I read this on Nathan Bransford’s blog as part of his regular feature, This Week in Books
Meanwhile, publishing industry sage Mike Shatzkin has some very helpful context on why publishers are so reluctant to let libraries lend e-books. This is definitely a tricky issue for publishers, and I don’t envy them being on the wrong side of public sentiment on this one. Publishers are looking at a landscape where library patrons don’t even have to go to the library to borrow an e-book – they can do it from home. Why would anyone buy an e-book once they figured out how to legally get tons of books for free just as easily?
I had to respond to that.
Why would anyone buy ebooks when you can get them for free?
Good question, but a few more come to mind . . .
- Why does anyone buy books now when you can get them for free at the library?
- How are ebooks any different?
Here’s my take on this whole debate.
I love books . . . but I rarely buy them.
Pretty much all of my reading comes thanks to the public library.
I fear a day when printed books won’t be as accessible and ebooks will be the norm. If you still can’t access those books for free from the library, it would be a great shame.
People who can’t afford to buy books will be out of the reading loop. Avid readers who simply can’t buy everything they read would also lose out.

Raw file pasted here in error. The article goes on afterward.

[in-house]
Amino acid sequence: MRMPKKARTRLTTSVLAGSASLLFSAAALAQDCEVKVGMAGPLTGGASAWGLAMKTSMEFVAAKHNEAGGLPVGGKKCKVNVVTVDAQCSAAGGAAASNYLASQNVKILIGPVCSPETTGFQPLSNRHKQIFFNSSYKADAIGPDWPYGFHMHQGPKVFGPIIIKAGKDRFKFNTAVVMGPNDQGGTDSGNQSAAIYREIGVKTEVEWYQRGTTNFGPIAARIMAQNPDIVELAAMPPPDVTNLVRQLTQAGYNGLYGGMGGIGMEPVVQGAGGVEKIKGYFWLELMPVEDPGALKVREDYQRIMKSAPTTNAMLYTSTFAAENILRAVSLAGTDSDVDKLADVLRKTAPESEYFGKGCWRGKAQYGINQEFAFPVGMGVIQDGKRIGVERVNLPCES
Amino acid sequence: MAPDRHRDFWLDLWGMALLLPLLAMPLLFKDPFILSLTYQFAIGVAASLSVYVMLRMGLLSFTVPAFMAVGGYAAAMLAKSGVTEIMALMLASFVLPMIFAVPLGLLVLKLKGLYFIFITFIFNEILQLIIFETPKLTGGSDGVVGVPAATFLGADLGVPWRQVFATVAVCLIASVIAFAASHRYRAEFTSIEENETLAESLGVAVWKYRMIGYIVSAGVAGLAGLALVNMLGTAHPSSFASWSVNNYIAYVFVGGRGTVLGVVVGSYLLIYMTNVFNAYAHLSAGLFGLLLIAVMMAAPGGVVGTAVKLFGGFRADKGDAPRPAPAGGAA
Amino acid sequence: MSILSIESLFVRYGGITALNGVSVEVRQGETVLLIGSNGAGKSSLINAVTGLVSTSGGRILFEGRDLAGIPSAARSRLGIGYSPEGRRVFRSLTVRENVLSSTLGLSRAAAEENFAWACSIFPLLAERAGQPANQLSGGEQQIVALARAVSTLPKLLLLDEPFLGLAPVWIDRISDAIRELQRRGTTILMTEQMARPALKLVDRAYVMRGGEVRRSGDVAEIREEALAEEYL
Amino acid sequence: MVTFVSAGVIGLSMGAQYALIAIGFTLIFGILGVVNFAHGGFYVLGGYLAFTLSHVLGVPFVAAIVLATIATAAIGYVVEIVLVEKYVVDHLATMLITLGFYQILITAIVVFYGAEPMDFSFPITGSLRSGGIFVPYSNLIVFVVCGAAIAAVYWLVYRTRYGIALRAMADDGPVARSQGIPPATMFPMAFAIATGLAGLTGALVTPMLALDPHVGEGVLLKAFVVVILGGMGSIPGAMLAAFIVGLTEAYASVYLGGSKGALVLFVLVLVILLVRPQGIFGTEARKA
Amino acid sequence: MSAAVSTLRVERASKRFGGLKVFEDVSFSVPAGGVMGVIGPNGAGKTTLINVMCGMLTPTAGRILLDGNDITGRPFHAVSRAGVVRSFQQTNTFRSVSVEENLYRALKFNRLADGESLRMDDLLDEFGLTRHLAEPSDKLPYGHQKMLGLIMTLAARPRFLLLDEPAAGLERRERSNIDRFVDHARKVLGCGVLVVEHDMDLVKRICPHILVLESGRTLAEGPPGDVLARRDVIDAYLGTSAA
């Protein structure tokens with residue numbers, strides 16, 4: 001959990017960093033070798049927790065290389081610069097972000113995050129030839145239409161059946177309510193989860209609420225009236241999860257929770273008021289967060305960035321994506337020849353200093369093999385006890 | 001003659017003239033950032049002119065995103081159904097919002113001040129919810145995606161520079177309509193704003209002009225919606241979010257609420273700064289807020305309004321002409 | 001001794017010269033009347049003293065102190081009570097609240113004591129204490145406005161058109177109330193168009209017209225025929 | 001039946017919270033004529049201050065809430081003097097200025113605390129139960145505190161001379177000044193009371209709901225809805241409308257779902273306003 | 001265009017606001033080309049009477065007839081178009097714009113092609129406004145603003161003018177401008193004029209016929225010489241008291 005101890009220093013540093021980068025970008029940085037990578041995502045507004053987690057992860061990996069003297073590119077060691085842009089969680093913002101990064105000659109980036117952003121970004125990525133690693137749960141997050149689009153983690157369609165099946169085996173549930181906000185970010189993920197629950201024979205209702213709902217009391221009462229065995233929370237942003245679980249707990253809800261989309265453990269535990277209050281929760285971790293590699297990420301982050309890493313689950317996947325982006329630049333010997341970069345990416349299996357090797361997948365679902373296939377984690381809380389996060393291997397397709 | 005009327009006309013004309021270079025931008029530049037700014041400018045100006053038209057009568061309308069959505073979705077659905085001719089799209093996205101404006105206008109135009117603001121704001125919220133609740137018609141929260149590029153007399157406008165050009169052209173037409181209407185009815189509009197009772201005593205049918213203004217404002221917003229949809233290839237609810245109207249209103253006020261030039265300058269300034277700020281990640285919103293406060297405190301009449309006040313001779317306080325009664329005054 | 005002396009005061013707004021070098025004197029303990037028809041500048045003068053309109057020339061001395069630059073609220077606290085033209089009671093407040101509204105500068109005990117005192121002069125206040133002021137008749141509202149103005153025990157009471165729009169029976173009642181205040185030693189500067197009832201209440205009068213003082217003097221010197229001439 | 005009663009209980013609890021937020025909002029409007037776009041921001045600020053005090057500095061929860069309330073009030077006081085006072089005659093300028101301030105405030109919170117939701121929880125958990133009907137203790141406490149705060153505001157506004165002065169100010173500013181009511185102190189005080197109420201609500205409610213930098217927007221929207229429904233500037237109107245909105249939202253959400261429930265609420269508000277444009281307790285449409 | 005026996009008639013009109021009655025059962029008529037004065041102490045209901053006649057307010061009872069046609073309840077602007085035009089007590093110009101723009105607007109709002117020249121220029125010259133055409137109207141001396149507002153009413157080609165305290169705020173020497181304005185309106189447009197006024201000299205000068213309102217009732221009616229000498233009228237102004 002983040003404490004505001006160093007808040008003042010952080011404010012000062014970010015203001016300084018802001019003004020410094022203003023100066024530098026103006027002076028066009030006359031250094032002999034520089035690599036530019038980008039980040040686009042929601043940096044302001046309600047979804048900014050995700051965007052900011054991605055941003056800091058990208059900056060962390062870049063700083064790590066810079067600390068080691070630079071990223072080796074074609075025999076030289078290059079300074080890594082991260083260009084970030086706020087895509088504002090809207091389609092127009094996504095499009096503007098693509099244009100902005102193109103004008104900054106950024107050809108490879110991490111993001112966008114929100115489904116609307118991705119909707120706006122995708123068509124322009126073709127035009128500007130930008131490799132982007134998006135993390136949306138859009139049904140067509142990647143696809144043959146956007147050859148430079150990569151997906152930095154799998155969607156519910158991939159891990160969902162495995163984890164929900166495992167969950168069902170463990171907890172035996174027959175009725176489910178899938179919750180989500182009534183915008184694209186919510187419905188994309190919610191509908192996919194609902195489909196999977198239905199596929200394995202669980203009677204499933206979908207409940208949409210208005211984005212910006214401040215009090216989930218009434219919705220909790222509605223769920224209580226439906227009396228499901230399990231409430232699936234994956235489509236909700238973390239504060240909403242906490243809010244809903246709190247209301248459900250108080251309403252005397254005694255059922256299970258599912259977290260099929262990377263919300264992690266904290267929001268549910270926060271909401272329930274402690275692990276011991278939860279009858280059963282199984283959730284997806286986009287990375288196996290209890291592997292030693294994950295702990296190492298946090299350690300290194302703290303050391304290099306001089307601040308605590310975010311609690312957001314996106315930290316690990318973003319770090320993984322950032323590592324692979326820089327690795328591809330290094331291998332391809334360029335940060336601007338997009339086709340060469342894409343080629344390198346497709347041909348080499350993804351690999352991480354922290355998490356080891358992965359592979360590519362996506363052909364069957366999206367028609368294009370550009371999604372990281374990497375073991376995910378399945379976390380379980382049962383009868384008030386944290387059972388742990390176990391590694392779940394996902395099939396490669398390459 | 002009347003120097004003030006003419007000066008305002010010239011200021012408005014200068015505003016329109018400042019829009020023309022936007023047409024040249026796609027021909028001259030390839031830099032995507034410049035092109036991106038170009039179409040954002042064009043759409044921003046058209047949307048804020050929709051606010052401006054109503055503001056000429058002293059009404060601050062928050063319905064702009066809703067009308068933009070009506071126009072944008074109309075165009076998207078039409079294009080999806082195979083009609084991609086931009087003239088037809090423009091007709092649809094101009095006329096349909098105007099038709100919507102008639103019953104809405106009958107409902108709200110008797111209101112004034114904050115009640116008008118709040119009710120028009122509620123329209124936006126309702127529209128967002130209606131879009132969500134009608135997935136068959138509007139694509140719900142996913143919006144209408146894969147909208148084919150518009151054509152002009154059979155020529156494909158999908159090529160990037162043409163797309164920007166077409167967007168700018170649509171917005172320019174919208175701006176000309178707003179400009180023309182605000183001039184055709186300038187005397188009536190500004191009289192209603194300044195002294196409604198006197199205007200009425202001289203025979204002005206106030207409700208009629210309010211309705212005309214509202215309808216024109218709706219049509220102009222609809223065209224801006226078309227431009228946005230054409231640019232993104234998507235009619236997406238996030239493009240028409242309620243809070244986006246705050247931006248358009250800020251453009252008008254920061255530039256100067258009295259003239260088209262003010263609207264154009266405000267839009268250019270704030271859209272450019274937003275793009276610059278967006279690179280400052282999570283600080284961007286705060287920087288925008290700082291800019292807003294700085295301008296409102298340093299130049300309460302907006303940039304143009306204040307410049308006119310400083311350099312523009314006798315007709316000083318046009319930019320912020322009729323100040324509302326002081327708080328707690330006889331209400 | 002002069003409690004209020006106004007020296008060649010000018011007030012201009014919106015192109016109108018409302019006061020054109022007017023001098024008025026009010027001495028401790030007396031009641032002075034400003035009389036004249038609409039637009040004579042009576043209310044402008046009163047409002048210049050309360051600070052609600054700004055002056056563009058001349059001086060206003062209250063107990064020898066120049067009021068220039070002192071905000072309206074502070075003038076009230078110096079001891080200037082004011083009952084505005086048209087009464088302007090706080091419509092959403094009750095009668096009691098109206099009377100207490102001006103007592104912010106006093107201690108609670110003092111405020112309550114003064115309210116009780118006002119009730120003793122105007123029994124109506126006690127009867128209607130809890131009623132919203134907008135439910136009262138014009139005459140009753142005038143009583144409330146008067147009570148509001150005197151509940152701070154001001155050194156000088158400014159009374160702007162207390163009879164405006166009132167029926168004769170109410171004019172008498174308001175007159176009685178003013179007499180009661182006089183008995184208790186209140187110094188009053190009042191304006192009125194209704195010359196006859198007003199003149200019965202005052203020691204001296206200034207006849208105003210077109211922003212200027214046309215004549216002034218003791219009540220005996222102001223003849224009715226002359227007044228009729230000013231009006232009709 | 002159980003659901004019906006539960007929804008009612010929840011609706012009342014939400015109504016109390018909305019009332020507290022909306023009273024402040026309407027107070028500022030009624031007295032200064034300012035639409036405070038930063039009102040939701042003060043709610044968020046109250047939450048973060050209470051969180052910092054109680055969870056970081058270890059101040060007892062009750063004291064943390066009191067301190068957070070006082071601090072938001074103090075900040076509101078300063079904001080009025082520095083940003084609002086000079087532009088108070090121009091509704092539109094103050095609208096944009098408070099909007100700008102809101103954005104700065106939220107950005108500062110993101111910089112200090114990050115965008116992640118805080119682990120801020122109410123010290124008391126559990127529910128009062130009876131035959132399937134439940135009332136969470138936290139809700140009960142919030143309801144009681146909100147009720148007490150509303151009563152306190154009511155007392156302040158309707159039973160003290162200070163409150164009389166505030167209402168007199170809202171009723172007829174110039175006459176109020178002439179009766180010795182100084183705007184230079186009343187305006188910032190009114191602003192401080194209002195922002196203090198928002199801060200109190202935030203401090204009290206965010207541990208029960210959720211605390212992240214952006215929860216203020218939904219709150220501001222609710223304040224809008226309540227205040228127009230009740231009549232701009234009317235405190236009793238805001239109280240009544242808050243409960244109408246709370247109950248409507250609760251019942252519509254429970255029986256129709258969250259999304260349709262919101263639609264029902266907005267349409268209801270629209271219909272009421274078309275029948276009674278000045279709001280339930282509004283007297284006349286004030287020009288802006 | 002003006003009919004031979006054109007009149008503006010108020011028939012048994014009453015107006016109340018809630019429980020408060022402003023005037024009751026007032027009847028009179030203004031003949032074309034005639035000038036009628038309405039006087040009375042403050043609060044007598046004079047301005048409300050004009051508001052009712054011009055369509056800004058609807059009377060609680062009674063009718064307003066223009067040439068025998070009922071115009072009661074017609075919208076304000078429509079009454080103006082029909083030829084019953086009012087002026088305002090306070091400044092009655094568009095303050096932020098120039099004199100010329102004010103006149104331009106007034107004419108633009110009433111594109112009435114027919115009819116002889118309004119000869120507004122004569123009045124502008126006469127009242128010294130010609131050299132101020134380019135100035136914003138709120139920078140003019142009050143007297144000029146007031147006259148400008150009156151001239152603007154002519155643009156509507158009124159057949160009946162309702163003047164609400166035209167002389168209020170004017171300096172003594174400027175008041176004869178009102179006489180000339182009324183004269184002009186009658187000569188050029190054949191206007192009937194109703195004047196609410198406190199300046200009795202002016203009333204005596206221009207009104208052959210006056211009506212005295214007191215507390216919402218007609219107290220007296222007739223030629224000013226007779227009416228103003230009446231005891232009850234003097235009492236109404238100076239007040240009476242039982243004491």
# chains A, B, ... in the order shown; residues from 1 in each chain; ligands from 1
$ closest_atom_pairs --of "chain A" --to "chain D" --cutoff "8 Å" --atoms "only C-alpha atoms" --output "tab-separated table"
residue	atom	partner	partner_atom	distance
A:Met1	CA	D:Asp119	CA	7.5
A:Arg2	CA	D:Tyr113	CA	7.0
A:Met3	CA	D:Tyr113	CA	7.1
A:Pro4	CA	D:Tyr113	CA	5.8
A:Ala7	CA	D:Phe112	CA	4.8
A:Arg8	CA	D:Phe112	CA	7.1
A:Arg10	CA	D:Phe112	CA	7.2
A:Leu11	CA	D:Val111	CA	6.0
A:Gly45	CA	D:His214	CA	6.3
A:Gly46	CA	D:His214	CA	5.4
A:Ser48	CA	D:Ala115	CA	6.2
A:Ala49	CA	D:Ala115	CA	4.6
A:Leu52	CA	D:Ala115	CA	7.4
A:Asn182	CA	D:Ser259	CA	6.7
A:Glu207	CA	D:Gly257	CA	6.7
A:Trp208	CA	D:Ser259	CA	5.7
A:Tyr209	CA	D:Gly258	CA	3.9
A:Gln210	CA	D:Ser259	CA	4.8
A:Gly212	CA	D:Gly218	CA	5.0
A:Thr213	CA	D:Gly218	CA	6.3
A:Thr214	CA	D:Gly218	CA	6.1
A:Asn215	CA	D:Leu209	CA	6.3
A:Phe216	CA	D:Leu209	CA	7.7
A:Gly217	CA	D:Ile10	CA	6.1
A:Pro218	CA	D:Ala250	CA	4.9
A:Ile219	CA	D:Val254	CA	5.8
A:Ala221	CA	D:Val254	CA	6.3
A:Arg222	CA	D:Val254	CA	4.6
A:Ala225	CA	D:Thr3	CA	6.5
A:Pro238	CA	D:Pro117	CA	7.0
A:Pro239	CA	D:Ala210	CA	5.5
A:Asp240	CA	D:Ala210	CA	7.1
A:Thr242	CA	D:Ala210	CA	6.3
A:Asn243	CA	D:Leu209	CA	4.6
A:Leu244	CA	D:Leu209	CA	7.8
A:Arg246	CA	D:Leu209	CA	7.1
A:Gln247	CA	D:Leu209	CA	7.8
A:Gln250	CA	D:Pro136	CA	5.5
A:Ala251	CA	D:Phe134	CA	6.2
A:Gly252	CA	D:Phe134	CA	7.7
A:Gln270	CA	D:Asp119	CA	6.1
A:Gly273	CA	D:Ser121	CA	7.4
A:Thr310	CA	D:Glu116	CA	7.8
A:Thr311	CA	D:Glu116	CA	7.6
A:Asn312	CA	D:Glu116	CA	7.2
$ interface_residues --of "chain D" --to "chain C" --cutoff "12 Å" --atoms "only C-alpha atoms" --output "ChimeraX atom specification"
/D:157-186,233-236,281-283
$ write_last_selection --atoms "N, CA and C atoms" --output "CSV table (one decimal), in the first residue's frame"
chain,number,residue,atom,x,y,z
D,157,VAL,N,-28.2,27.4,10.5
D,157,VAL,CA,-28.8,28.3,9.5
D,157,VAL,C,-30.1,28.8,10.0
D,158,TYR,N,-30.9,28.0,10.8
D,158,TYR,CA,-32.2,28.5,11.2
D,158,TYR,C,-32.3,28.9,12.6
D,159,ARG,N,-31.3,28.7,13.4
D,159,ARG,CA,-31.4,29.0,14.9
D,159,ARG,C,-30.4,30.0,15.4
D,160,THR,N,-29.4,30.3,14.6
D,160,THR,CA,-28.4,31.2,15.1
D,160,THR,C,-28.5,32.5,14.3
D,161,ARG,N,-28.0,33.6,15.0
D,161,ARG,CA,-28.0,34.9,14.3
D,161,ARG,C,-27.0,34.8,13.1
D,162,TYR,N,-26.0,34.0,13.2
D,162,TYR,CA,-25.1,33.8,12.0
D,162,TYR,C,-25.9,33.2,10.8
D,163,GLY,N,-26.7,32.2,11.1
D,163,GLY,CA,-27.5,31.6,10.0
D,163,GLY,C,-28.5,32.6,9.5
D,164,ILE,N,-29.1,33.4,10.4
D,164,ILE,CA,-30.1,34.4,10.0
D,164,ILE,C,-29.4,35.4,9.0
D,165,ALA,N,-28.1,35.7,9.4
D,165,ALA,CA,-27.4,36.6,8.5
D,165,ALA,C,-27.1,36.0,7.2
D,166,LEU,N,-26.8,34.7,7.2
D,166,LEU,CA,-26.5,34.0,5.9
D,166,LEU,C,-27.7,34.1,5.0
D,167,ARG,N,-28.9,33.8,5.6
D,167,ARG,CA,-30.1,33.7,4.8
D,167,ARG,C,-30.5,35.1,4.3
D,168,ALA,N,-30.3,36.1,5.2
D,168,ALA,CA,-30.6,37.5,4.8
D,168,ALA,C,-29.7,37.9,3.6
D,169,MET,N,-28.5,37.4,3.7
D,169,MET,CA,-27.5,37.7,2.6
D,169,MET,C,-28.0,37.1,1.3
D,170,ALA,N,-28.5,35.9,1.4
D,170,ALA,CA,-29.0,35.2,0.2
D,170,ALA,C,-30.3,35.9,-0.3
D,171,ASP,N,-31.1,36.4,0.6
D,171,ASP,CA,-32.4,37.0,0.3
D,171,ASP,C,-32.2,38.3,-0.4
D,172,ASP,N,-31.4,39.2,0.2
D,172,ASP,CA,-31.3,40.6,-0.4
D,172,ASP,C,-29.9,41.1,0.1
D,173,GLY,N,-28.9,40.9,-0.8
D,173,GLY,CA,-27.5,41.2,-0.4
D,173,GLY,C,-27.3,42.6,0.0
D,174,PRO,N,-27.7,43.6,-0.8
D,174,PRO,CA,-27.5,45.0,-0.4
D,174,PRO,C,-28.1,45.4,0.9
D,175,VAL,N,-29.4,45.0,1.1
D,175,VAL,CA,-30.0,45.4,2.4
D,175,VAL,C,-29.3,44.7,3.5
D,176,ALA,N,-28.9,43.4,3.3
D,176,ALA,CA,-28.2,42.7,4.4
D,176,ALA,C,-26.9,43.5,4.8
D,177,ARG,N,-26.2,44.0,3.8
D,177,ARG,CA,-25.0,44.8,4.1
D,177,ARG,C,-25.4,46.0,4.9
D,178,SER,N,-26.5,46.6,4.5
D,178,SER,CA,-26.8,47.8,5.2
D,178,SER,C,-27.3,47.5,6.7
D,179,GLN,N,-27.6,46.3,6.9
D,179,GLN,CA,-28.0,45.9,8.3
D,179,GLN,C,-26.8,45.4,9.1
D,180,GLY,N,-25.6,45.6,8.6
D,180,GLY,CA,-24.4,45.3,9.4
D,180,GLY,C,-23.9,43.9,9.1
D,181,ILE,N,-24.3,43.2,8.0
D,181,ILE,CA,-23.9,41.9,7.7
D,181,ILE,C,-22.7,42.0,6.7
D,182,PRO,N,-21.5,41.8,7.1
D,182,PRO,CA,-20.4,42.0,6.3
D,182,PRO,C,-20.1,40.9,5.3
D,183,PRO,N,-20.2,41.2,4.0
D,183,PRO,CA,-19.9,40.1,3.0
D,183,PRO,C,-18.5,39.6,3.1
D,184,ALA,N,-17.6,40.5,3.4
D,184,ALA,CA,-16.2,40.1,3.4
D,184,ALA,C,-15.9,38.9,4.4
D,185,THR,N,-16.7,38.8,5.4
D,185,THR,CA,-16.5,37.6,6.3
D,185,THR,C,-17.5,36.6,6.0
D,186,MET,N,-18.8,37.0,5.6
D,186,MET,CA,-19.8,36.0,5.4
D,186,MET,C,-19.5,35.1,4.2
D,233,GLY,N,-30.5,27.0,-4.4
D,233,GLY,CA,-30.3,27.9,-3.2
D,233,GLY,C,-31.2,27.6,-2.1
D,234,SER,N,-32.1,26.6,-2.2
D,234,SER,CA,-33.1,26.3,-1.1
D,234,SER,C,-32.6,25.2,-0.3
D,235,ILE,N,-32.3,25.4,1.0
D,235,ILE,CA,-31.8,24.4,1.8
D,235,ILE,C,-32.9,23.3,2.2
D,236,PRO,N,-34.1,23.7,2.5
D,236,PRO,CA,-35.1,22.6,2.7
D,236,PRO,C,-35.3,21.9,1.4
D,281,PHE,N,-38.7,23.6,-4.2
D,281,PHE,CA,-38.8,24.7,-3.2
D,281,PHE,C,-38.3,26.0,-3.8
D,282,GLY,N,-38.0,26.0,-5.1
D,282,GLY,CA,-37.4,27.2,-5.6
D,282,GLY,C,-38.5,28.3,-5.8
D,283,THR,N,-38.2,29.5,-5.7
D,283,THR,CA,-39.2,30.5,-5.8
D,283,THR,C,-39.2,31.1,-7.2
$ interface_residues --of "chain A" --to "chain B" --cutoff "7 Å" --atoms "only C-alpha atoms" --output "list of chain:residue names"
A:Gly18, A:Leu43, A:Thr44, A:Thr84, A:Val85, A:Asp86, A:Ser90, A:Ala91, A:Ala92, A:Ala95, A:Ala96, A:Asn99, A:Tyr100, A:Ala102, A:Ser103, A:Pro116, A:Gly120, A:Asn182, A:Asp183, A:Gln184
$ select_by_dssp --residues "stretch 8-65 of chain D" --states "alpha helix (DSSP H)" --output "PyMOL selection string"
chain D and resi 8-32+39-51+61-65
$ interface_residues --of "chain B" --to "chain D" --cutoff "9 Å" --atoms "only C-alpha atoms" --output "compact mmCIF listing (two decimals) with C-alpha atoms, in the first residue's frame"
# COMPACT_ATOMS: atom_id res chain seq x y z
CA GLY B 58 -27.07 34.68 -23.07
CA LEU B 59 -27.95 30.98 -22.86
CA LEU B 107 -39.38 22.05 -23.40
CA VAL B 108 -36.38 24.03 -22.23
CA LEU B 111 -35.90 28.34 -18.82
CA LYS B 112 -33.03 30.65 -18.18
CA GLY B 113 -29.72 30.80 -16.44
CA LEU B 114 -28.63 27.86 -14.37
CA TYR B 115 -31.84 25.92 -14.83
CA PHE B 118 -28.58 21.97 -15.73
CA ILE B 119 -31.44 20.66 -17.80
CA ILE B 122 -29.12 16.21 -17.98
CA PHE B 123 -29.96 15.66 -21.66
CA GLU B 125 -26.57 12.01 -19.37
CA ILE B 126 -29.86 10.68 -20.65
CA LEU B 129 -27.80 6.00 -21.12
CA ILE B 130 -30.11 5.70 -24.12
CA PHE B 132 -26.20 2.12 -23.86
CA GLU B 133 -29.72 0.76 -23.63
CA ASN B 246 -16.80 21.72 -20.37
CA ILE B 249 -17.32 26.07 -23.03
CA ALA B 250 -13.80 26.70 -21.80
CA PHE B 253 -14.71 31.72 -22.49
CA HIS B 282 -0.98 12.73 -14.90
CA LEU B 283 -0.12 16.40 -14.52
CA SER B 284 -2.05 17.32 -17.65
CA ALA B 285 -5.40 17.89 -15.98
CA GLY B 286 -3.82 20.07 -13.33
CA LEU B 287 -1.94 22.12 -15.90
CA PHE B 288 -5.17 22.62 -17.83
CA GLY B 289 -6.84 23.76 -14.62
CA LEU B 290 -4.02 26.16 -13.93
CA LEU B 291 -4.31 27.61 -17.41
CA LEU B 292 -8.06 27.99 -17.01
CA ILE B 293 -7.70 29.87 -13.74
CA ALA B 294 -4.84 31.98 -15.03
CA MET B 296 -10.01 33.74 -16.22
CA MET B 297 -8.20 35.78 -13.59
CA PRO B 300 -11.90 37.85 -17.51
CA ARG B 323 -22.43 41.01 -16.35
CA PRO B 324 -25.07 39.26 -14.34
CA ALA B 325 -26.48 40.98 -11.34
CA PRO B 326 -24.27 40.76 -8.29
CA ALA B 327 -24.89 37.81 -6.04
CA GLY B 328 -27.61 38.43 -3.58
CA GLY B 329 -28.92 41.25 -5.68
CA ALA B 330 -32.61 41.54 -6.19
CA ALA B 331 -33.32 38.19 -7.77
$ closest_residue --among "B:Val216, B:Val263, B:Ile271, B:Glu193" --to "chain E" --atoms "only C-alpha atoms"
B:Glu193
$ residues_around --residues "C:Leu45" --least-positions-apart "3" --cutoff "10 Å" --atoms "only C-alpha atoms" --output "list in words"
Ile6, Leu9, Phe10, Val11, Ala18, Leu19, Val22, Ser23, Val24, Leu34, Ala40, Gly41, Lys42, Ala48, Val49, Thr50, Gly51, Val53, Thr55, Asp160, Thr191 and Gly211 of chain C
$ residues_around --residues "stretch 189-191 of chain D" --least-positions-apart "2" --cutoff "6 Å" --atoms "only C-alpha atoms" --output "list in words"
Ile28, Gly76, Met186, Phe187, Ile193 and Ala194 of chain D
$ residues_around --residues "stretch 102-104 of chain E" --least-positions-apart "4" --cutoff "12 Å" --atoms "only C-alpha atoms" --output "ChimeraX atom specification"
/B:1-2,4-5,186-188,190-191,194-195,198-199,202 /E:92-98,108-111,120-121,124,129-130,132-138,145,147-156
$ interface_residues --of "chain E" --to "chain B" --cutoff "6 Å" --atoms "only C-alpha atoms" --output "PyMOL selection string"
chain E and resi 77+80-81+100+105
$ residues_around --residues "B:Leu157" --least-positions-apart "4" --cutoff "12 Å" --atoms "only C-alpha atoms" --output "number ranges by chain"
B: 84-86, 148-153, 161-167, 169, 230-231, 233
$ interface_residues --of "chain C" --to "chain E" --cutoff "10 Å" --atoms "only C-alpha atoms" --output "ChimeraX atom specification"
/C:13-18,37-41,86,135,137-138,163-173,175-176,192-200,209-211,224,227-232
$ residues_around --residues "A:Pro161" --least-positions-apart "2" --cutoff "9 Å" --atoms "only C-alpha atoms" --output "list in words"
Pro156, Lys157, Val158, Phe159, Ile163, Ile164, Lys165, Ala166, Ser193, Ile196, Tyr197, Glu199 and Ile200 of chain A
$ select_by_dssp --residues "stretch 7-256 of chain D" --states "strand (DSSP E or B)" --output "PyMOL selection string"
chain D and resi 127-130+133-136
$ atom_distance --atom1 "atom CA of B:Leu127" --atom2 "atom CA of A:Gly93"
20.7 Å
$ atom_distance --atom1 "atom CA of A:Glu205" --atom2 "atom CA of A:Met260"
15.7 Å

How are ebooks different from printed books?
Printed books fall apart over time. They take abuse as they are lugged around by the library patrons. Every time they are thrown into the library chute, they suffer extra abuse. It’s only natural that after repeated borrowing, a book will be so damaged that it will need to be replaced.
Ebooks, on the other hand are permanent by their very nature. You could buy one ebook and copy it to every single patron in the library at the same time. You would also never have to replace the ebook EVER.
That is a big difference!
Making ebooks equivalent to paper books is the best option.
This isn’t as hard as it sounds. If a library buys one copy of a book, only one patron can borrow it at a time. Libraries are already doing this and many have multiple copies of the same ebook just like they do with popular printed books.
Here’s how to make it more fair.
Libraries can buy the same copy of an ebook every few years like how they’d have to replace bound books that start to fall apart over time. I’m sure we could come up with a formula to make it work and everyone would be happy.
Public Libraries are very important!
I hope publishers don’t underestimate the value of the Public Library. I have bought books that I’ve enjoyed for free simply because I needed to have them for my collection. I don’t buy books very often but when I do, I often buy more than one copy. I give them as gifts, I give them away to students.
What’s you take on this debate?
Please leave a comment below.